In terms of history, the park forms part of the original Stellenberg estate, which was acquired by Ralph Henry Arderne (1802-1885) in 1845. He named it The Hill, and began to collect trees, shrubs and perennials from around the world. His elder son, Henry Matthew Arderne (1834-1914), was equally enthusiastic as a collector of plants and together the Ardernes had intended to create a garden containing the representatives of all the flora of the world, sourcing many of their trees and shrubs from Australia and New Zealand via trading them for local plants with passing ships.

The Hill was sold in 1914, and subsequently subdivided, with a portion of 4,5 hectares being registered in favour of the Council of the City of Cape Town in July 1928. It was this section that became known as Arderne Gardens in 1961.

arderne gardens with its champion trees in claremont, cape town, south africa 4

The beautiful gardens with its ponds, lawns and shady nooks makes it a popular city retreat for Capetonians, and thus well worth visiting if you want to see something slightly different from the local flora that nearby Kirstenbosch has on offer!

arderne gardens with its champion trees in claremont, cape town, south africa 5

arderne gardens with its champion trees in claremont, cape town, south africa 6

arderne gardens with its champion trees in claremont, cape town, south africa 7

arderne gardens with its champion trees in claremont, cape town, south africa 8

arderne gardens with its champion trees in claremont, cape town, south africa 9

arderne gardens with its champion trees in claremont, cape town, south africa 10

(Select photos courtesy of Marie Frei at the Friends of the Arderne Gardens)

Related Link: Arderne Gardens | Friends of Arderne Gardens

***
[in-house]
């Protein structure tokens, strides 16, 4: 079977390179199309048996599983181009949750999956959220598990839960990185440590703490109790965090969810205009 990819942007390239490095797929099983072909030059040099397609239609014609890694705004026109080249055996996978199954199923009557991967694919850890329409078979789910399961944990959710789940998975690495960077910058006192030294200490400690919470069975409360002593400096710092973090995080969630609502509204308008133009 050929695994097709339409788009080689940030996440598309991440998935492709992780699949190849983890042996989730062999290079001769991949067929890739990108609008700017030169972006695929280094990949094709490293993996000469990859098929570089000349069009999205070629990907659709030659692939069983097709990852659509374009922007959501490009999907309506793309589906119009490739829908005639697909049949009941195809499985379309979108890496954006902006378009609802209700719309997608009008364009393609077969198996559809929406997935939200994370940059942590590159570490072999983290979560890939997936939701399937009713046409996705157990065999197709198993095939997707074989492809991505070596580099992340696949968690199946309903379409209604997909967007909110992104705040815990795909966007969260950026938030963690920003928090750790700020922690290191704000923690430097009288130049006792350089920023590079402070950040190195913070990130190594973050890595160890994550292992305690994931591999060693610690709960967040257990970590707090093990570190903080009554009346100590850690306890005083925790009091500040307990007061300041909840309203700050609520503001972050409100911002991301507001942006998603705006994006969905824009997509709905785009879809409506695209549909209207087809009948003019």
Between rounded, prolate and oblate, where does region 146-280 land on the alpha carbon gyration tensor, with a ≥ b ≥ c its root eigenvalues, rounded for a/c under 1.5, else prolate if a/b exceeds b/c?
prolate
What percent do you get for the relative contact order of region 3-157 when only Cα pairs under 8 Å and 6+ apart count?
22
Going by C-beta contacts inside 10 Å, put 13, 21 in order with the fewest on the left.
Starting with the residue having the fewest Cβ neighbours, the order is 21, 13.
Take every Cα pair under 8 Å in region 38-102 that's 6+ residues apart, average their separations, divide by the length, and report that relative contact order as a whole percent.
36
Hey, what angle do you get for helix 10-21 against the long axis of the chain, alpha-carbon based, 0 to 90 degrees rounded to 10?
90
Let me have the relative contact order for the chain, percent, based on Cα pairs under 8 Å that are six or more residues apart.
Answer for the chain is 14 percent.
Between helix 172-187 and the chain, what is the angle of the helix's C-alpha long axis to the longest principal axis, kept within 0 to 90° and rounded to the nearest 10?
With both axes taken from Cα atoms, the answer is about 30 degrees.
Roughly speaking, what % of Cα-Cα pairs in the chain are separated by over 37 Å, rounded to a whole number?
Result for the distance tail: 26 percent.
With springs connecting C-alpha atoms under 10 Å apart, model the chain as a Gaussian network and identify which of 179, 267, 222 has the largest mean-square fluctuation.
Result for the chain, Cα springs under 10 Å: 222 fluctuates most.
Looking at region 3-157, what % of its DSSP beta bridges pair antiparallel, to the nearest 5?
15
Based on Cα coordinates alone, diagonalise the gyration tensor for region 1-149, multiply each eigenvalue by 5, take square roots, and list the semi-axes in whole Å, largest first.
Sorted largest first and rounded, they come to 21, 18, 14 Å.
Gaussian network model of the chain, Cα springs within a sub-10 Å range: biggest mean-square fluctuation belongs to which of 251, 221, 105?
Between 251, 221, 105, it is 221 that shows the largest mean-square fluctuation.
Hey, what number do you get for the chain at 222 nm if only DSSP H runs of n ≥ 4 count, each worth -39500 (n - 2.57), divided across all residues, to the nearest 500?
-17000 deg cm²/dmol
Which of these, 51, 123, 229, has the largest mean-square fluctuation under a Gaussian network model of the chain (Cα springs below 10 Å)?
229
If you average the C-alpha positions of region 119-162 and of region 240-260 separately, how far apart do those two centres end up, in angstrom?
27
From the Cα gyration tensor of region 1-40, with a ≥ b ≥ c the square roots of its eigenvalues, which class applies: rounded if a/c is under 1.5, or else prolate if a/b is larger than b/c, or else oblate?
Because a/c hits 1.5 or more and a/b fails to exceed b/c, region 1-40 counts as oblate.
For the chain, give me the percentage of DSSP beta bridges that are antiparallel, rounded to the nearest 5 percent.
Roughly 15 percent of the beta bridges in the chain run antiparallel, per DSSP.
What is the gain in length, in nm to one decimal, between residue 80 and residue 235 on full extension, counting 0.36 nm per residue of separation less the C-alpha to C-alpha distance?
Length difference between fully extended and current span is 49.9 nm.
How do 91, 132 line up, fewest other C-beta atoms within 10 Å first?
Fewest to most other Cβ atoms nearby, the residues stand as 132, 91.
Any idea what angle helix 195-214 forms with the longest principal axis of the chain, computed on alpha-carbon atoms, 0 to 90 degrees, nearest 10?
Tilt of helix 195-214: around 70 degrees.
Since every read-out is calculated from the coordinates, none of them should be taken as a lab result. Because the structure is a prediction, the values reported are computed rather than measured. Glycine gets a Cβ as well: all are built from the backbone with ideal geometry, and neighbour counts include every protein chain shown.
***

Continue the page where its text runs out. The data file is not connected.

Things to See in Japan: Hitachi Seaside Park Travel Attractions 23 MAY 2015

If you ever find yourself in Hitachinaka, Ibaraki, Japan, then it might just be worth your while to pop in to the renowned Hitachi Seaside Park whilst you are there.

Hitachi Seaside Park in Hitachinaka, Ibaraki, Japan - nemophila baby blue-eyes flowers 1

Hitachi Seaside Park is a public park that covers an area of 190 hectares, featuring blooming flowers all year round.

In particular, the park has become known for its (Nemophila) baby blue-eyes flowers, with the blooming of 4.5 million of the translucent-petaled blue flowers in the spring drawing travellers from both near and far.

Hitachi Seaside Park in Hitachinaka, Ibaraki, Japan - nemophila baby blue-eyes flowers 2

In addition to the annual “Nemophila Harmony”, the park features a million daffodils, 170 varieties of tulips, and many other flowers.

Hitachi Seaside Park in Hitachinaka, Ibaraki, Japan - tulips 1

Hitachi Seaside Park in Hitachinaka, Ibaraki, Japan - nemophila baby blue-eyes flowers 2

In Autumn the colorful cosmos blooms and blazing red kochia bushes (aka burning bush, ragweed, summer cypress, or Mexican fireweed) spring into action:

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Hitachi Seaside Park in Hitachinaka, Ibaraki, Japan - kochia bushes 2 little girl running through the bushes

Hitachi Seaside Park in Hitachinaka, Ibaraki, Japan - cosmos flowers

The park includes cycling trails and a small amusement park with a Ferris wheel. (It also hosts the annual musical Rock in Japan Festival every August.)

Hitachi Seaside Park in Hitachinaka, Ibaraki, Japan - ferris wheel

(If you were wondering, the nearest railway station is Katsuta Station on the JR Joban Line. Of course, Google Maps could have told you that.)

Related Link: Wikipedia | Lakbayer